OSA's Digital Library

Biomedical Optics Express

Biomedical Optics Express

  • Editor: Joseph A. Izatt
  • Vol. 2, Iss. 9 — Sep. 1, 2011
  • pp: 2731–2740

Development of a highly specific amine-terminated aptamer functionalized surface plasmon resonance biosensor for blood protein detection

Rui Zheng, Byung-Wook Park, Dong-Shik Kim, and Brent D. Cameron  »View Author Affiliations


Biomedical Optics Express, Vol. 2, Issue 9, pp. 2731-2740 (2011)
http://dx.doi.org/10.1364/BOE.2.002731


View Full Text Article

Enhanced HTML    Acrobat PDF (1262 KB)





Browse Journals / Lookup Meetings

Browse by Journal and Year


   


Lookup Conference Papers

Close Browse Journals / Lookup Meetings

Article Tools

Share
Citations

Abstract

This paper presents a generally applicable approach for the highly specific detection of blood proteins. Thrombin and thrombin-binding aptamers are chosen for demonstration purposes. The sensor was prepared by immobilizing amine-terminated aptamers onto a gold modified surface using a two-step self-assembled monolayer (SAM) immobilization technique and the physical detection is performed using Surface Plasmon Resonance (SPR). The developed sensor has an optimal detectable range of 5–1000 nM and the results show the sensor has good reversibility, sensitivity and selectivity. Furthermore, the sensor shows the potential of being improved and standardized for direct detection of other blood proteins for clinical applications.

© 2011 OSA

ToC Category:
Biosensors and Molecular Diagnostics

History
Original Manuscript: July 20, 2011
Revised Manuscript: August 10, 2011
Manuscript Accepted: August 12, 2011
Published: August 31, 2011

Citation
Rui Zheng, Byung-Wook Park, Dong-Shik Kim, and Brent D. Cameron, "Development of a highly specific amine-terminated aptamer functionalized surface plasmon resonance biosensor for blood protein detection," Biomed. Opt. Express 2, 2731-2740 (2011)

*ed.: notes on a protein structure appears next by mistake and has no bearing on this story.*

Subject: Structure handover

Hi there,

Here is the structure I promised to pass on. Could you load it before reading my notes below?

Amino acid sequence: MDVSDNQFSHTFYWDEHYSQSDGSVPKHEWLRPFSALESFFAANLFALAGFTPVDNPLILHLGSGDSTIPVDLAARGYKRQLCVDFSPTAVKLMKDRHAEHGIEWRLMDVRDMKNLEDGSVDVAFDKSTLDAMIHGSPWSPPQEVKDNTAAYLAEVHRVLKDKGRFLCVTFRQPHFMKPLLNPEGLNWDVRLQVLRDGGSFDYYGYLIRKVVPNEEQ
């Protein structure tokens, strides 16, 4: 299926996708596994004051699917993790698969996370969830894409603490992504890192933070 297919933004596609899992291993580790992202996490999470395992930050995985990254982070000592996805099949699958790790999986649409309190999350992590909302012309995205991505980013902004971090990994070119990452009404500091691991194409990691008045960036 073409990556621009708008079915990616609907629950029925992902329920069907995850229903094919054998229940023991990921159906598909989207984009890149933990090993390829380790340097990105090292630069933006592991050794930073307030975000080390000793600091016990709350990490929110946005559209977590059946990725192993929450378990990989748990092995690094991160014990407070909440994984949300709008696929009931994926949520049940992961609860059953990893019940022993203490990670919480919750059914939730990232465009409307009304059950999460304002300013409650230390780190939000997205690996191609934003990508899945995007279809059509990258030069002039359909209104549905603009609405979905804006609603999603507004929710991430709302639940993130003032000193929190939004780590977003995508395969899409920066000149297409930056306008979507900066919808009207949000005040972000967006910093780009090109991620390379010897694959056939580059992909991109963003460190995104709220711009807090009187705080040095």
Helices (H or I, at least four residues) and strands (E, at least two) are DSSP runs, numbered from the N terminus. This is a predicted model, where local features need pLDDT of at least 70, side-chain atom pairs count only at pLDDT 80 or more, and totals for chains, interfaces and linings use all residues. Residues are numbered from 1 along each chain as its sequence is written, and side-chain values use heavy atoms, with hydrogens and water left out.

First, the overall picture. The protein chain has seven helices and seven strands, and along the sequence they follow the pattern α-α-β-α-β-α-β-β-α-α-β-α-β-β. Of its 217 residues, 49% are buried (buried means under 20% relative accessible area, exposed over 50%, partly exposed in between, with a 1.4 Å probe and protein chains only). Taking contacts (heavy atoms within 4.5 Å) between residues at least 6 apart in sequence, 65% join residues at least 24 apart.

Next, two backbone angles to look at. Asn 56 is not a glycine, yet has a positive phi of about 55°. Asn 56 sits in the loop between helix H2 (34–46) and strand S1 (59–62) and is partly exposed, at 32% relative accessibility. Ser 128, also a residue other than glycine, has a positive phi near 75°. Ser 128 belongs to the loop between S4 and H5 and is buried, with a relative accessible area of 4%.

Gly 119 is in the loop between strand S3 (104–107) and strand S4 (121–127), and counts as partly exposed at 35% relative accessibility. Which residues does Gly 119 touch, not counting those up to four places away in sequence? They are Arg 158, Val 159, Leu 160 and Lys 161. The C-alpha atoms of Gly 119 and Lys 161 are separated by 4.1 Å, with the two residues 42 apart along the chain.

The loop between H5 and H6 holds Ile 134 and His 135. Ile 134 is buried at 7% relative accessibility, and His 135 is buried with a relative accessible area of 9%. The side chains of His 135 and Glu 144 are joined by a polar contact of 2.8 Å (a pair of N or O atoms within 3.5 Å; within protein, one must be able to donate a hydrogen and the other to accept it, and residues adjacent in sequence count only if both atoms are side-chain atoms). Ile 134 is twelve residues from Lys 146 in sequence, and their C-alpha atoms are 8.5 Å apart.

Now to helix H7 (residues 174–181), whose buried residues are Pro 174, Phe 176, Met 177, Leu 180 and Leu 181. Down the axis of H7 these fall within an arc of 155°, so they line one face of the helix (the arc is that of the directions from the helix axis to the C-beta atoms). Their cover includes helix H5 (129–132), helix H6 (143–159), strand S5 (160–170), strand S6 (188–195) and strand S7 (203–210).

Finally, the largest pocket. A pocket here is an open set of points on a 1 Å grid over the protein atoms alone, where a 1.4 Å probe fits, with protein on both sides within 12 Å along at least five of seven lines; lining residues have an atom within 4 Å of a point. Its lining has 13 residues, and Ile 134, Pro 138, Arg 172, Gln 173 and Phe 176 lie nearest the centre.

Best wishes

http://www.opticsinfobase.org/boe/abstract.cfm?URI=boe-2-9-2731


Sort:  Author  |  Year  |  Journal  |  Reset  

References

  1. American Diabetes Association, “Standards of medical care in diabetes--2011,” Diabetes Care34(Suppl 1), S11–S61 (2011). [CrossRef] [PubMed]
  2. P. A. Behnisch, K. Hosoe, and S.-i. Sakai, “Bioanalytical screening methods for dioxins and dioxin-like compounds a review of bioassay/biomarker technology,” Environ. Int.27(5), 413–439 (2001). [CrossRef] [PubMed]
  3. A. G. Renehan, M. Zwahlen, C. Minder, S. T. O’Dwyer, S. M. Shalet, and M. Egger, “Insulin-like growth factor (IGF)-I, IGF binding protein-3, and cancer risk: systematic review and meta-regression analysis,” Lancet363(9418), 1346–1353 (2004). [CrossRef] [PubMed]
  4. E. M. Voss, G. S. Cembrowski, B. L. Clasen, M. L. Spencer, M. B. Ainslie, and B. Haig, “Evaluation of capillary collection system for HbA1c specimens,” Diabetes Care15(5), 700–701 (1992). [CrossRef] [PubMed]
  5. R. R. Little, H. M. Wiedmeyer, D. H. Huang, D. E. Goldstein, R. G. Parsons, R. Kowal, and M. Johnston, “A simple blood collection device for analysis of glycohemoglobin (GHB),” Clin. Chem.44(Suppl. 6), A139 (1998).
  6. T. N. Higgins, “QA aspects for HbA1c measurements,” Clin. Biochem.41(1-2), 88–90 (2008). [CrossRef] [PubMed]
  7. J. S. Maier, S. A. Walker, S. Fantini, M. A. Franceschini, and E. Gratton, “Possible correlation between blood glucose concentration and the reduced scattering coefficient of tissues in the near infrared,” Opt. Lett.19(24), 2062–2064 (1994). [CrossRef] [PubMed]
  8. O. S. Khalil, “Spectroscopic and clinical aspects of noninvasive glucose measurements,” Clin. Chem.45(2), 165–177 (1999). [PubMed]
  9. B. D. Cameron and G. L. Cóte, “Noninvasive glucose sensing utilizing a digital closed-loop polarimetric approach,” IEEE Trans. Biomed. Eng.44(12), 1221–1227 (1997). [CrossRef] [PubMed]